The definite article "the" shouldn't be included because we are talking about generalities, nothing specific. Portuguese rules regarding the use of articles differ from those of English.
You will also hear this idiomatic version: "How're things going?"
It is correct that when refering to generalities, like asking "how er you doing" there should NOT be a definite article in English, but how do we know that the Portuguese sentence only is supposed to refer to generalities? If used in context, where for example a group of people is working on a project - someone entering might ask "How are the things going" refering to that particular activity. Would you then use another construction to convey this meaning in Portuguese?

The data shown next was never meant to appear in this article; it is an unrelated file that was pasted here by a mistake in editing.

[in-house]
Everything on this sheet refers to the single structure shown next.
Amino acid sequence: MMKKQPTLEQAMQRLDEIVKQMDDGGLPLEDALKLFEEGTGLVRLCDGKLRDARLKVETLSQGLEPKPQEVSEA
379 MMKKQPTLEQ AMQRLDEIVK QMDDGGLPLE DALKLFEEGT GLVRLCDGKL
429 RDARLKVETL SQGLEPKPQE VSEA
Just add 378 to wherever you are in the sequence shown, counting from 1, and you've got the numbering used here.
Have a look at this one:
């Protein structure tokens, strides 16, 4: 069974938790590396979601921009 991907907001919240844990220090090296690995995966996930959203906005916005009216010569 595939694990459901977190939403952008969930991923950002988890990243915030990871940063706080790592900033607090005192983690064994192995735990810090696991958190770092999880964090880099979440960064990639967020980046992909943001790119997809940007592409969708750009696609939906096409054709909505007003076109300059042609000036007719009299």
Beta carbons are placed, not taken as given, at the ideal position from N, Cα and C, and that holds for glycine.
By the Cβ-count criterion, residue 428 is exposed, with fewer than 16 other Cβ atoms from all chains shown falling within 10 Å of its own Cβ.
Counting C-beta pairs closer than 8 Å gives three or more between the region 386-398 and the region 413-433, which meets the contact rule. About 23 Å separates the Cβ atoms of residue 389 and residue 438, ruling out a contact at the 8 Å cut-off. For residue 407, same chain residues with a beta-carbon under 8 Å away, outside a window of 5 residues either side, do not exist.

Although you would be understood, that is not a normal way to express yourself in English, although maybe once in a while, someone might say it like that, to be different. I would recommend sticking with How are things going? or How is it going? More informally, I'd say How's it going? Of course, these last phrases leave out the coisas, or things, but they mean the same thing.
In English, you can't say How the things are going? In a question, you must reverse the word order to How are things going? And we don't use the word "the" in that sentence. BTW, I also put How is it going?, and that was accepted, because it's also a normal way to talk in English.